The most common format is an ID meeting, where people are free to talk about their experiences with addiction and recovery. There are no obligations to attend further meetings, participation is free, and everyone is anonymous.

The Benefits of AA Meetings

One of the mainstays of AA is the belief in a support system. Recovery is a rough road, and AA emphasizes the idea that recovery is made easier by establishing emotional connections for support. The Alcoholics Anonymous environment aims to create a sense of community and acceptance, while fostering accountability and responsibility.5

The connections created through AA enable people to share positive coping strategies, affirm their strengths, and find others who can help during times of crisis. AA also provides resources like Al-Anon for caregivers and loved ones of those who struggle with addiction. A readily available, anonymous, and free way to discover help, Alcoholics Anonymous meetings​​ can be found through the AA app or website.6

Alcoholism Medications to Help in Sober Living

Some people find that alcoholism medications provide a smoother path to recovery. Others choose to forgo medications altogether. When it comes to addiction treatment and recovery, there are a variety of treatment options.

Whether or not an individual chooses to use medication to aid them in recovery is a personal choice. What works for one person may not work for others, and there isn’t one defined path to success.

The following are alcoholism medications used most often for addiction treatment.

Disulfiram, also known as Antabuse, blocks a specific enzyme related to the processing of alcohol. Blocking the enzyme causes unwanted side effects whenever alcohol is consumed, including racing heartbeat, nausea, thirst, dizziness, and chest pain. These unpleasant side effects discourage alcohol use and help manage cravings.7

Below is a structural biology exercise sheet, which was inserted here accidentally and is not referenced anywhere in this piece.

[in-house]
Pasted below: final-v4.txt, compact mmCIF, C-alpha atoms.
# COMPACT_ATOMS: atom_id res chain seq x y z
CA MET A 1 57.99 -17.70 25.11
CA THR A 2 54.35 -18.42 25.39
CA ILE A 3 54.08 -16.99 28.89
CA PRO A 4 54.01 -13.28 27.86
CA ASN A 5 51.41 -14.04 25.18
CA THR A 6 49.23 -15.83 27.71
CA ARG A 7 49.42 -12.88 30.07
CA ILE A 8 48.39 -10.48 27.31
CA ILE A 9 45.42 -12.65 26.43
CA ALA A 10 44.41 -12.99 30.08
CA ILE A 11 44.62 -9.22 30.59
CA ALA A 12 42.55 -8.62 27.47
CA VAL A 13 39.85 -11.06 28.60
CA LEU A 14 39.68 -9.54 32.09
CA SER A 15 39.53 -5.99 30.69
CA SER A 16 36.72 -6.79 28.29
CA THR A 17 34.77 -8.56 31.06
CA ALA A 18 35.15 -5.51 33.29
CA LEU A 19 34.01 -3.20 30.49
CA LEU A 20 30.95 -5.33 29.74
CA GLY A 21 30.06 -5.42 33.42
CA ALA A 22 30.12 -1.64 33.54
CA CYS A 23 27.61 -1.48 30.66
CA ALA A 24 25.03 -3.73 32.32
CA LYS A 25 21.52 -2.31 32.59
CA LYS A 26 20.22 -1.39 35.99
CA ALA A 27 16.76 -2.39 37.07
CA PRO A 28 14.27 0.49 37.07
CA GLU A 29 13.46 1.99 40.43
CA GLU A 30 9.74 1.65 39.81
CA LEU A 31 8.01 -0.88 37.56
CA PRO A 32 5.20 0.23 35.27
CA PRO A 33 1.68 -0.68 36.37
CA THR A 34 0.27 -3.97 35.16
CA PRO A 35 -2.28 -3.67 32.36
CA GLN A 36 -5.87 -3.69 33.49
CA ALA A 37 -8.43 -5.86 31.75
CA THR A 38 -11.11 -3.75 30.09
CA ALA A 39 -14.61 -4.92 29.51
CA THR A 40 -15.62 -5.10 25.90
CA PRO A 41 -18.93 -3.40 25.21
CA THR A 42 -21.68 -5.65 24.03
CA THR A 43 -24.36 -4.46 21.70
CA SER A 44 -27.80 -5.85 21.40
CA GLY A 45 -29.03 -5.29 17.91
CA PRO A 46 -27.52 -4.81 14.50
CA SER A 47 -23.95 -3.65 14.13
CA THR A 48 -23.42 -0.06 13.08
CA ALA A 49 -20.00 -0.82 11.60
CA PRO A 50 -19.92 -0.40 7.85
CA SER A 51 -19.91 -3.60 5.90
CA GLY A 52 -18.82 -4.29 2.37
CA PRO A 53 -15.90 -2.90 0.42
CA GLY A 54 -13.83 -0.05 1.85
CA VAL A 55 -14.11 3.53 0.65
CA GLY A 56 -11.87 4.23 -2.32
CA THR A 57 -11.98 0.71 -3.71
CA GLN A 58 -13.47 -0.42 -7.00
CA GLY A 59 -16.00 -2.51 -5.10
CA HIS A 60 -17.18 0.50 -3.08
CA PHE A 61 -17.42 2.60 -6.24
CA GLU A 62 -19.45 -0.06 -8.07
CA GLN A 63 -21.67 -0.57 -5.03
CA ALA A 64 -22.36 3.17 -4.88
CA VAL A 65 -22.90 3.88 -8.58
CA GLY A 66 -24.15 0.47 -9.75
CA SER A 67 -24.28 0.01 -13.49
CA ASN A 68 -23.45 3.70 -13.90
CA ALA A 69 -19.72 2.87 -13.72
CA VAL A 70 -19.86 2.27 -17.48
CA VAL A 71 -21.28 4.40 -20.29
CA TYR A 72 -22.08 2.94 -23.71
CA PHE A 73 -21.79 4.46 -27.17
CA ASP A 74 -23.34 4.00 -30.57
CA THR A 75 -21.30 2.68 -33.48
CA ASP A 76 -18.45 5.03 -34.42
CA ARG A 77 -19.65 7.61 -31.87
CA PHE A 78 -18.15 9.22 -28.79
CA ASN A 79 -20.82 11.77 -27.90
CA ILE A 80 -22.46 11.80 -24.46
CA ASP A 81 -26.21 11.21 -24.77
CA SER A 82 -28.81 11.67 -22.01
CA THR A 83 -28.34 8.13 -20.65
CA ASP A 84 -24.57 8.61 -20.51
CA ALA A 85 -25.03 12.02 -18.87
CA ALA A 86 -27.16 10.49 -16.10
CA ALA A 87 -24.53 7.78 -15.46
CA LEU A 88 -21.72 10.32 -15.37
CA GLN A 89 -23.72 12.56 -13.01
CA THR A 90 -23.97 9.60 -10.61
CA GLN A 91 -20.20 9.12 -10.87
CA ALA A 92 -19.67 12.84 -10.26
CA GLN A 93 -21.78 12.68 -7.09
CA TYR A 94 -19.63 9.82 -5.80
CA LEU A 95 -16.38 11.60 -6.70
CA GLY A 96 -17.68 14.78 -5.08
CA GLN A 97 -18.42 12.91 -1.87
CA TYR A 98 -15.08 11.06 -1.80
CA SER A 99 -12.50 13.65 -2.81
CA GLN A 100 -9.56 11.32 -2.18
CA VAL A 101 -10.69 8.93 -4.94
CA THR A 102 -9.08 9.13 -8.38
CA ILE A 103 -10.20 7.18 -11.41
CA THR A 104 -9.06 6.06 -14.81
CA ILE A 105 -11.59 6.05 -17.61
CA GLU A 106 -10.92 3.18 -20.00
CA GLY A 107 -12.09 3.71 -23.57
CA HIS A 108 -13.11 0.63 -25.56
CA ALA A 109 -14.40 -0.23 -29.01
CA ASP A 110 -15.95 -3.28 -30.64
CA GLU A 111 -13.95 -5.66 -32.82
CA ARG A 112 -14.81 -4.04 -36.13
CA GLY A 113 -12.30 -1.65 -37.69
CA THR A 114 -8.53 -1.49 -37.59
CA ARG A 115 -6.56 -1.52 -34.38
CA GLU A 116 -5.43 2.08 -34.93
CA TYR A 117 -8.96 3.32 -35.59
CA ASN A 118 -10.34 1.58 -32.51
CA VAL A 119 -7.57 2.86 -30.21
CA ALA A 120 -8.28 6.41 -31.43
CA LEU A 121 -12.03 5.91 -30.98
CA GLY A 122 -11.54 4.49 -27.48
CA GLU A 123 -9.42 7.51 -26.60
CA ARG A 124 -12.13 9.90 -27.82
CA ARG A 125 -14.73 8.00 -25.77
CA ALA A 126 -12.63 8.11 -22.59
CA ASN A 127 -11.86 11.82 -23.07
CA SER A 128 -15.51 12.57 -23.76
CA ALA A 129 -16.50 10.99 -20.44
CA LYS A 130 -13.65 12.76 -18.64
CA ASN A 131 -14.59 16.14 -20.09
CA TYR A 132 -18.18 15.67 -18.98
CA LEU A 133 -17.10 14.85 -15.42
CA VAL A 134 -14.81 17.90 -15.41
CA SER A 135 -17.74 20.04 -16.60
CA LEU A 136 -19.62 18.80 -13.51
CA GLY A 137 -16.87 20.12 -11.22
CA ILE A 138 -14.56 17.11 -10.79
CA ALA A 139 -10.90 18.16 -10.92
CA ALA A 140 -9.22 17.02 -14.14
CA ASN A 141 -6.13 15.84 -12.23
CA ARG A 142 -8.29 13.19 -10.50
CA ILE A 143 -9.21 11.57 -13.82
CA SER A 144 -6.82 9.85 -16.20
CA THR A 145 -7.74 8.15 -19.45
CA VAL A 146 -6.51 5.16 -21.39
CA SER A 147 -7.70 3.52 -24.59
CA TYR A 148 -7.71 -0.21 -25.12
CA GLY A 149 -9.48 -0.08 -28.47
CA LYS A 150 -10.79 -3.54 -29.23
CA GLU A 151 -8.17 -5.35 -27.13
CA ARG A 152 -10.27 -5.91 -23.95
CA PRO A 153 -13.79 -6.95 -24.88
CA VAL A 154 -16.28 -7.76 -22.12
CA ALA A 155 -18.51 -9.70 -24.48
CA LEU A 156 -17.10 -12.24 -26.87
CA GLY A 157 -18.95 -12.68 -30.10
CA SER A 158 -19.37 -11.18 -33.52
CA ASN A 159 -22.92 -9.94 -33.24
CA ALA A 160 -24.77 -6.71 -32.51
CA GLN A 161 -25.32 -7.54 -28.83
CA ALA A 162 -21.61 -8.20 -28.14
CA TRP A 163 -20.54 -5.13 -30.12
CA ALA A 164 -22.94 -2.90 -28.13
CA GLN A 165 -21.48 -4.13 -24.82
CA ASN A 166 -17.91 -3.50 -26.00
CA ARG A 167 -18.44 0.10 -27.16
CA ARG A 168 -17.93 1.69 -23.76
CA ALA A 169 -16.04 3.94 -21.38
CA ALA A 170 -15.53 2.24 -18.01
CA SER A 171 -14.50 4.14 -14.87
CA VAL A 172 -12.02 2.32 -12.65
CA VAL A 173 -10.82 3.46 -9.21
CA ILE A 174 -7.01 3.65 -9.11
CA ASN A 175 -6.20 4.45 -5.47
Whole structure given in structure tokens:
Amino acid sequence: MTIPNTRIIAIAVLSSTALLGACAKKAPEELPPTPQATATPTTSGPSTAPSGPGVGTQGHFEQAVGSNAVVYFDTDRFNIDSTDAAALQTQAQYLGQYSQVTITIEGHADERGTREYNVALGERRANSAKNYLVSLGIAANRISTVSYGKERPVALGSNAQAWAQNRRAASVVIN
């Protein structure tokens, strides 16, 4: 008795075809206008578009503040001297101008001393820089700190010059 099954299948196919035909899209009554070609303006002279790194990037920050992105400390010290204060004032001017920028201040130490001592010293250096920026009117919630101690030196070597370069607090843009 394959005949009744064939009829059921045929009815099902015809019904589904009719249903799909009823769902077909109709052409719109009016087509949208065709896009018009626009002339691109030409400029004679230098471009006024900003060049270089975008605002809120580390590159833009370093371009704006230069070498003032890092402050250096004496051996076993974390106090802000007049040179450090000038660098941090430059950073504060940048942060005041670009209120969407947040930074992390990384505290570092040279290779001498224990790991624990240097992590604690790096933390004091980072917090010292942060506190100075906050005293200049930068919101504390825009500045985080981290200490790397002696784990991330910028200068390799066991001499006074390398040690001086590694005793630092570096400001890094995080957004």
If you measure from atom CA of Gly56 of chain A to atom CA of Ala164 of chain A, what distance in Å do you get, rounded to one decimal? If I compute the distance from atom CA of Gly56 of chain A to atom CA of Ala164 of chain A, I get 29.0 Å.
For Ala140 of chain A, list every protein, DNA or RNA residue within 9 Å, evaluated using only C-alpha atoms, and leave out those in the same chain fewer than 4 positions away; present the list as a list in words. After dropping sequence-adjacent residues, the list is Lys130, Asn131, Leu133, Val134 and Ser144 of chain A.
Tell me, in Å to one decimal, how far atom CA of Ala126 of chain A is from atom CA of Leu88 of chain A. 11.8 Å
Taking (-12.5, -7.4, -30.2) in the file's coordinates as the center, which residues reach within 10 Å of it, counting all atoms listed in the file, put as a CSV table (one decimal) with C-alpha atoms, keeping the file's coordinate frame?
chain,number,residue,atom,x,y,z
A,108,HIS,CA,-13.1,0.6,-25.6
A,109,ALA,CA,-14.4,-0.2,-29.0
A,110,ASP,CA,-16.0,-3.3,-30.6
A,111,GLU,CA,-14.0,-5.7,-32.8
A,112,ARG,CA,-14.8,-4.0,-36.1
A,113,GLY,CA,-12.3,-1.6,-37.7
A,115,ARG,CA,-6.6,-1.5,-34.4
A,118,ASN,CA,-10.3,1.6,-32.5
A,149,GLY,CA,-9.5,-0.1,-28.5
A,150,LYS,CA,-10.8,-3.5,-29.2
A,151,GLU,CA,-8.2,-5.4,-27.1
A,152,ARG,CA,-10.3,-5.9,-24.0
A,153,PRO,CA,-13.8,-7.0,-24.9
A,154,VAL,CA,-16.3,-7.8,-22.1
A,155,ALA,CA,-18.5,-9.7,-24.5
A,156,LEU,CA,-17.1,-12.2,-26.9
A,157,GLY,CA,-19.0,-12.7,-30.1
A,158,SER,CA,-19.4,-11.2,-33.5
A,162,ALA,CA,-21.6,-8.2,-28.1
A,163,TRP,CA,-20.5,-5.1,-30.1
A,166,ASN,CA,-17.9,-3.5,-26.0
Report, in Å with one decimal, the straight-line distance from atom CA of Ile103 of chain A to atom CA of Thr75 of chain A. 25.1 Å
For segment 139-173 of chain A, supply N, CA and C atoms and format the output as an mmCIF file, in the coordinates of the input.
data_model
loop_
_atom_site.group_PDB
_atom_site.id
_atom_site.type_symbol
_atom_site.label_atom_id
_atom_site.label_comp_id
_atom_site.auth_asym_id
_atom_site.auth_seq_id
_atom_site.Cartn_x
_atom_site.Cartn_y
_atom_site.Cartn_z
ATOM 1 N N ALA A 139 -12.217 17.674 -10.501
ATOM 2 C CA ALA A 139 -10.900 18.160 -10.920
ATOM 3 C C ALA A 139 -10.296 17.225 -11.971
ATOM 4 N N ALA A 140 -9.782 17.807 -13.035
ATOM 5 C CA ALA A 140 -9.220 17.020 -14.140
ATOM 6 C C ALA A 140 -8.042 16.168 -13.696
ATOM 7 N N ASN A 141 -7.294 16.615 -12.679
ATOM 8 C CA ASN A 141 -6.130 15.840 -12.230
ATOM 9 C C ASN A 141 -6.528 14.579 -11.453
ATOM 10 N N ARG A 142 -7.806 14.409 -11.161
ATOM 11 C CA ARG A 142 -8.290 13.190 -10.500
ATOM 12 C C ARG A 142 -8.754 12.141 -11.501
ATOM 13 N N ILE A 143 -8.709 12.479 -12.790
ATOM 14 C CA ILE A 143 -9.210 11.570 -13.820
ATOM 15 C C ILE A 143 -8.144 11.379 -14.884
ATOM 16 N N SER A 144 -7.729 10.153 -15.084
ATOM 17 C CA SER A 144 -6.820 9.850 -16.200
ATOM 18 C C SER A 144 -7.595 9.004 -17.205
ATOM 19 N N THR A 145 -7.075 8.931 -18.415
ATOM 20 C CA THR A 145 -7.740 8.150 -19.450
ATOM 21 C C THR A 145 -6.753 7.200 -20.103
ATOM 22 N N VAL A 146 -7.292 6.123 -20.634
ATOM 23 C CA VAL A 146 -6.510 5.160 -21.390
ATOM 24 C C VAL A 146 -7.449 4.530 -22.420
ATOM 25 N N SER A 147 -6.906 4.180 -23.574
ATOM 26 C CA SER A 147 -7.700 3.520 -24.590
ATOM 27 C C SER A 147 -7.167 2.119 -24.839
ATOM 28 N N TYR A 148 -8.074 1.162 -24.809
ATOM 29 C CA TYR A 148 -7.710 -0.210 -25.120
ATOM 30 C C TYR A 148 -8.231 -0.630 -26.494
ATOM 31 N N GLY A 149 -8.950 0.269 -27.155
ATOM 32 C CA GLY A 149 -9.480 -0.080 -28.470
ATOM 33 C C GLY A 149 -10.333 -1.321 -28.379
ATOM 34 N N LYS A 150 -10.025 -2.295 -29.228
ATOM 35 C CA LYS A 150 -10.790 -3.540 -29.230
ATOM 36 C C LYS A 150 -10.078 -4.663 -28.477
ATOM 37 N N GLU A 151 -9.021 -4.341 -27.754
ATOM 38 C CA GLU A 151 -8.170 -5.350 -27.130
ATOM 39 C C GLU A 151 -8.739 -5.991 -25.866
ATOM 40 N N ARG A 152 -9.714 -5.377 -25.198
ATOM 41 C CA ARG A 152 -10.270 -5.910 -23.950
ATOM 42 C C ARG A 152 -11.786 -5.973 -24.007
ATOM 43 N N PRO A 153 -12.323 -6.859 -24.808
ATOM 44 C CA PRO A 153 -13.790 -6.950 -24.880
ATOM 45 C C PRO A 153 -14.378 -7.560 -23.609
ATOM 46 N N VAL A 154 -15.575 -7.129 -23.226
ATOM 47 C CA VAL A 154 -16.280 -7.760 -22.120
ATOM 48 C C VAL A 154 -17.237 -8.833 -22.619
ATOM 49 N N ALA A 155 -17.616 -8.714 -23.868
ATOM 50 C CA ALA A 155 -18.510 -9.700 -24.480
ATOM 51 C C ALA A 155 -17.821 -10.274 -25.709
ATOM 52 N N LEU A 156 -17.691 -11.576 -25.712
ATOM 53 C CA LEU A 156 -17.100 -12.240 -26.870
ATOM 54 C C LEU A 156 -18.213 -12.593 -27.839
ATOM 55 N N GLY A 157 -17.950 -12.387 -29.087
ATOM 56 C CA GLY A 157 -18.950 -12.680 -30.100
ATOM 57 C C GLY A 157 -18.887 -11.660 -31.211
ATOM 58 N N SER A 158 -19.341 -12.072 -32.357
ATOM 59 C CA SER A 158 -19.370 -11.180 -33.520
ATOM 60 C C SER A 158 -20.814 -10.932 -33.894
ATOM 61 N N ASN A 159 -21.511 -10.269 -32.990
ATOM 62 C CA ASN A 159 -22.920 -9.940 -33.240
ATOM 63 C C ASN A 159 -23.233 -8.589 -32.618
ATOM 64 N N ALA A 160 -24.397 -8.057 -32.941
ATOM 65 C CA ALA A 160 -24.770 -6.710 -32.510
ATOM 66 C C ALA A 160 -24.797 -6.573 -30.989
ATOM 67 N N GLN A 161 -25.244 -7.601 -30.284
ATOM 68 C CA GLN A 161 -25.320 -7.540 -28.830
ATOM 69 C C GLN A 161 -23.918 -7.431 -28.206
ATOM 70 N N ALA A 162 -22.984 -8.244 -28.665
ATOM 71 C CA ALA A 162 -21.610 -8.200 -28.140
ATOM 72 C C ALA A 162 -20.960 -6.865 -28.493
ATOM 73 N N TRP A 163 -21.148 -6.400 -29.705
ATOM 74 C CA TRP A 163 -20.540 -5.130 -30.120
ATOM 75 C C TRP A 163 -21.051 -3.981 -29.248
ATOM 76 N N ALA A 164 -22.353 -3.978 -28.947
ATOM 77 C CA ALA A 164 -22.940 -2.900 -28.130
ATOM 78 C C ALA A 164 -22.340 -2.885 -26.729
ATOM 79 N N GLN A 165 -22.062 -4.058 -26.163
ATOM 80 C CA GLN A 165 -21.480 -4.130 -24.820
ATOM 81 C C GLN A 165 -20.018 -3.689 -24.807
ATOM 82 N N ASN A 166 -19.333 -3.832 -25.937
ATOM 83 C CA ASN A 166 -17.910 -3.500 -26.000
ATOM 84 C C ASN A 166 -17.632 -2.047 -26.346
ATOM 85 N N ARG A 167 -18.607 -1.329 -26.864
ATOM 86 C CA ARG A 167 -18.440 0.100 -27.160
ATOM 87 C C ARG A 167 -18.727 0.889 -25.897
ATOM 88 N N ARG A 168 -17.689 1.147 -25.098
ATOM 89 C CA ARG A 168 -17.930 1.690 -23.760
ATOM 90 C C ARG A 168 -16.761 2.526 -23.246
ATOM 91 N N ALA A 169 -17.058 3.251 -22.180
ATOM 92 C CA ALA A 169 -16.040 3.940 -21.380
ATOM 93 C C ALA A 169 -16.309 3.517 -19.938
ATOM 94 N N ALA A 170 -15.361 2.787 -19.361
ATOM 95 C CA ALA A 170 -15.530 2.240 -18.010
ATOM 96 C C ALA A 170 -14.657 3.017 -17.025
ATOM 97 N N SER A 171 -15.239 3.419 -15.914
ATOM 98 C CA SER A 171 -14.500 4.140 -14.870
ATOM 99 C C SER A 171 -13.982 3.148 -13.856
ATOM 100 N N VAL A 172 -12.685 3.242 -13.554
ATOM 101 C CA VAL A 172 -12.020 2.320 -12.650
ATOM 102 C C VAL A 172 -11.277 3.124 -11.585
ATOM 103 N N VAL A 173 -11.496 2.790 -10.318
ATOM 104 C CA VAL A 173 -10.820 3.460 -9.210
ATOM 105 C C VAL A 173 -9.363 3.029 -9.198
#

Naltrexone is used to curb both alcohol and opiate addiction. A naltrexone injection reduces the urge to consume alcohol and can help someone stop drinking altogether.8

Campral restores the balance of chemicals in the brain, helping keep people who are addicted to alcohol from drinking. Typically used by recently recovered individuals, Campral helps manage the urge to drink.9

Is Medicine More Effective than AA Meetings?

There’s no magic bullet or pill that can eliminate addiction. Very often, it takes a combination of treatments and multiple recovery attempts to maintain sobriety. The effectiveness of AA meetings or medications depends on the individual and their circumstances. To maintain sobriety, the key is often a mix of interventions and lifestyle changes including:

  • Mental health counseling or therapy
  • A focus on health and fitness
  • Building and nurturing positive and supportive relationships
  • Finding healthy leisure activities and hobbies

AA meetings and medications can only work when a person is willing to utilize them. Sobriety is not an easy road, but the journey is made easier with a healthy and positive support system.